Credit card debt is often seen as a problem for young people. But the reality is, people of all ages regularly accumulate debt on their credit cards – and it can be just as harmful at any stage of life.
Sometimes credit card debt cannot be fixed. But in situations where it can To be avoided, it’s best to do what you can to avoid retiring with credit card debt (or incurring new credit card debt after you’ve stopped working).
One Email a Day Could Save You Thousands
Expert tips and tricks delivered straight to your inbox that could help save you thousands of dollars. Register now for free access to our Personal Finance Boot Camp.
By submitting your email address, you consent to our sending you money advice as well as products and services which we believe may be of interest to you. You can unsubscribe anytime. Please read our privacy statement and terms and conditions.
Why retirees can’t afford to take on debt
Although a number of retirees work to some extent, many do not receive a salary at all. On the contrary, they depend on the income they receive from Social Security and, if they are lucky, on a savings plan or a pension.
Because of this, retirees often find themselves in a position where they don’t have much financial leeway in their budgets. And so, retirees who start their senior years with credit card debt, or accumulate it soon after, could really have a hard time paying it off.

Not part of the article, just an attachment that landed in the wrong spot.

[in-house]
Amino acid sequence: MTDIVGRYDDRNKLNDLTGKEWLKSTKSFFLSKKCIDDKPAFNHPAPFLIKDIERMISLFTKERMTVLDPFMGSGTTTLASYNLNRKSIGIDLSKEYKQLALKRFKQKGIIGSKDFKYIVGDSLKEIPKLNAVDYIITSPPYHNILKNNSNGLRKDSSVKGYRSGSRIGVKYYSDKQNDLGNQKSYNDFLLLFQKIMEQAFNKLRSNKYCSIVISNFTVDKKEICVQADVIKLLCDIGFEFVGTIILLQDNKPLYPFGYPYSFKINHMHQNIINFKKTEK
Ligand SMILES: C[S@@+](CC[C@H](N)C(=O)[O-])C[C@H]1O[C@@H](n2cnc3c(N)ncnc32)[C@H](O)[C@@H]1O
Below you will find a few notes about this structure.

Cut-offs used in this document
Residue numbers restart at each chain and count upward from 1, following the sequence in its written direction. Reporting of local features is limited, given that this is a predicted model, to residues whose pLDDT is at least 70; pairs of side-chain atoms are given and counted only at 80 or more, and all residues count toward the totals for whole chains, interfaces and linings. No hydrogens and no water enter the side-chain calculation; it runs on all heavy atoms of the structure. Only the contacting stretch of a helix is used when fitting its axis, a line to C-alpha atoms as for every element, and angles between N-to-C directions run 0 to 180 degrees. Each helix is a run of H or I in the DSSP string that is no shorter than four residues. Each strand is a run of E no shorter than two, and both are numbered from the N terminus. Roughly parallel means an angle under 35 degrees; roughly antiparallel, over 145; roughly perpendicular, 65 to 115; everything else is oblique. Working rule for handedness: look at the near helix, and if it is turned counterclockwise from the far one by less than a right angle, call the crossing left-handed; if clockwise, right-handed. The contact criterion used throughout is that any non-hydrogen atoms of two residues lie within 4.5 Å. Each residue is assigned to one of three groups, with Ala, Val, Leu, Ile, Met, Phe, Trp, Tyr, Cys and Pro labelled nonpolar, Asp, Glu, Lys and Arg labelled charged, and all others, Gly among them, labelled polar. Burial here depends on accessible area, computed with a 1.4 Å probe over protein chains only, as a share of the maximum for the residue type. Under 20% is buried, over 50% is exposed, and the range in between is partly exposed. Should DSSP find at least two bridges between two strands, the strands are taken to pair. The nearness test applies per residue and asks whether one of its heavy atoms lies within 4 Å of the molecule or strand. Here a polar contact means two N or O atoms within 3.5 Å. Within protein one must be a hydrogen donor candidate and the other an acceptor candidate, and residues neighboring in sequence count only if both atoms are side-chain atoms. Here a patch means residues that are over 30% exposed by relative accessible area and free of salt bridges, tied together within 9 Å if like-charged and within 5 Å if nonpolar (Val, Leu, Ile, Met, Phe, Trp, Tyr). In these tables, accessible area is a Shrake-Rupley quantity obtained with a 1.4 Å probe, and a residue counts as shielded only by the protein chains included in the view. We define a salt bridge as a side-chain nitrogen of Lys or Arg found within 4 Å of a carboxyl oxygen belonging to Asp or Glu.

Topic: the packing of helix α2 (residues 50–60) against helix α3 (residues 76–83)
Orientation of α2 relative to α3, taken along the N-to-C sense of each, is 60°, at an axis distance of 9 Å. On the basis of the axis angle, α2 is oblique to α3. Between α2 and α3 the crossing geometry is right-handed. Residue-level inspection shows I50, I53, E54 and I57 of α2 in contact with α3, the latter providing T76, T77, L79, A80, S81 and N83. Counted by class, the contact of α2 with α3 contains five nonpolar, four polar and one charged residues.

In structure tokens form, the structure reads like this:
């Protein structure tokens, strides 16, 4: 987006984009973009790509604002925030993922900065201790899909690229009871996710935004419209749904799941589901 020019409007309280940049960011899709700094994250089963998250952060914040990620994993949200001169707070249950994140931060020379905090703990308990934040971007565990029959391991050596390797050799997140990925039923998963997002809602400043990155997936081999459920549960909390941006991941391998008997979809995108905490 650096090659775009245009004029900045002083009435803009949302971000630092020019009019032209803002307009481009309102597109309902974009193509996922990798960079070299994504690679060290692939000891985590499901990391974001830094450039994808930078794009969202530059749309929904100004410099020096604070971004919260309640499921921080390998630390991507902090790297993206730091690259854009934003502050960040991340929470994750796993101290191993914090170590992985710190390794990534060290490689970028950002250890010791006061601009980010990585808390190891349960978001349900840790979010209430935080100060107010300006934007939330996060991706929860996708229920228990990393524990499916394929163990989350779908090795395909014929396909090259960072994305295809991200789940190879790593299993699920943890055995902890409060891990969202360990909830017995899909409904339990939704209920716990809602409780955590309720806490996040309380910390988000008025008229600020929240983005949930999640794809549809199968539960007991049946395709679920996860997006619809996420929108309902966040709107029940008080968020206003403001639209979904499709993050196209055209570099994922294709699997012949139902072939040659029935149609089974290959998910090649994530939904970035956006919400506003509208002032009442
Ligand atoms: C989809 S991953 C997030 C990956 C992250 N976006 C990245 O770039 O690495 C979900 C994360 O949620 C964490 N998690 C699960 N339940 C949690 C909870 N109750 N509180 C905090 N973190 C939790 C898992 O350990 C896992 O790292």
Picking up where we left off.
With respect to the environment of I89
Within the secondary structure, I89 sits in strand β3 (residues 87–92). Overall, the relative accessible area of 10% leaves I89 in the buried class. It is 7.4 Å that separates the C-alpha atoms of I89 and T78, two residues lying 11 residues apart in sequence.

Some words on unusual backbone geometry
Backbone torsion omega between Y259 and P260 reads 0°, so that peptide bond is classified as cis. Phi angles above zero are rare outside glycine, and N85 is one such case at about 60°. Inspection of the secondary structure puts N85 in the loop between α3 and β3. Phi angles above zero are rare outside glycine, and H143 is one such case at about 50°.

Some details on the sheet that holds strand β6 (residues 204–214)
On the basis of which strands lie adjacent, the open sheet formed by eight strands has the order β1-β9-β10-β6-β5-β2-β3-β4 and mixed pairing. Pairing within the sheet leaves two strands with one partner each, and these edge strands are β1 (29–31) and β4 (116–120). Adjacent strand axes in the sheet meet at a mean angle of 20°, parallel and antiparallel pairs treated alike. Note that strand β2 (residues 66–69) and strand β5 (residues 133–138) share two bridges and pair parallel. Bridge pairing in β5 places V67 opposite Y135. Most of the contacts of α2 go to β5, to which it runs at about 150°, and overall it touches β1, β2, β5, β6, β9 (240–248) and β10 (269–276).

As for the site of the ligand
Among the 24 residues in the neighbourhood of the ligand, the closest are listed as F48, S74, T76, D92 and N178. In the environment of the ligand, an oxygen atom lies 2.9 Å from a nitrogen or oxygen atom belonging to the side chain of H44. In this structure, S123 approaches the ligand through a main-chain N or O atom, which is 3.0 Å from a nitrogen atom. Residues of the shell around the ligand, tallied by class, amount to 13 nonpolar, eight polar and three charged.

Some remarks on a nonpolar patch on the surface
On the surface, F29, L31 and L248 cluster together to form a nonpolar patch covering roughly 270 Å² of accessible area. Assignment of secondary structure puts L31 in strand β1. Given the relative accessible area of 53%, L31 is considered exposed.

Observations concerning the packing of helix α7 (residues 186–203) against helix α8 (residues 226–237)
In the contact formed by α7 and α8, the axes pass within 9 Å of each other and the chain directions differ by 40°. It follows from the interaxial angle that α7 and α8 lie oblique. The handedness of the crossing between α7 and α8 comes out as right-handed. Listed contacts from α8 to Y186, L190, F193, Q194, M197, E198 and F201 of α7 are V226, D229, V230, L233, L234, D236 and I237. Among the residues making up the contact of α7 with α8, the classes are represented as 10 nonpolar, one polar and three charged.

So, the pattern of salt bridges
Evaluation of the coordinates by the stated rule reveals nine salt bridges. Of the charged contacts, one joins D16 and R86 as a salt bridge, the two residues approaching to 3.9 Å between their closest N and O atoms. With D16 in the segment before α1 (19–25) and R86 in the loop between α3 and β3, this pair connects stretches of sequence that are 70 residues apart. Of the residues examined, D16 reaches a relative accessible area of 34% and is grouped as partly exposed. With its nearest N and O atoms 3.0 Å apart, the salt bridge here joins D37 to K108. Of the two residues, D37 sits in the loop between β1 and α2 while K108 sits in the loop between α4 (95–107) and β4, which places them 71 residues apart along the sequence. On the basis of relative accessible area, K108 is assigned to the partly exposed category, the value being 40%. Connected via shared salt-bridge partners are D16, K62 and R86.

Now here’s where things get problematic. Having too much credit card debt can damage your credit score. Of the many factors that go into calculating your credit score, your credit utilization rate is important. This ratio measures how much of your revolving credit you are using compared to what you have.
Once this ratio exceeds 30%, your credit score can take a hit. And if you’re stuck in a cycle of large credit card debt that you can’t shake, you could stay well above that 30% threshold for a long time.
If this happens and your credit score takes a hit, you might be out of luck the next time you need to borrow money. And you shouldn’t assume that you won’t need to borrow just because you’re retired.
Even if you have your free mortgage, you could still face costly repairs that you can’t make. But if your credit score goes down because you have too much credit card debt, you may not be approved for a loan. Likewise, you may need to purchase a new, retired vehicle if your old car lets you down. But if your credit score drops, you might not easily qualify for a car loan, or at least not affordable.
That is why you should try to avoid credit card debt during retirement. And if you’re nearing that stage and you already have credit card debt, do your best to pay it off. To do this, you may need to extend your career for a few years. But it’s worth the effort if it allows you to get out debt-free.
A better way to borrow in retirement
Even if you retire debt free, you may find yourself in a situation where you need to borrow money. But before you take your credit card, explore other options.
If you own your home, you may be able to borrow through a more affordable home equity loan or line of credit. Or a personal loan might make more sense, depending on your situation. Credit cards can be convenient, but the last thing you want is a nagging balance hanging over your head during retirement, so do what you can to avoid this scenario.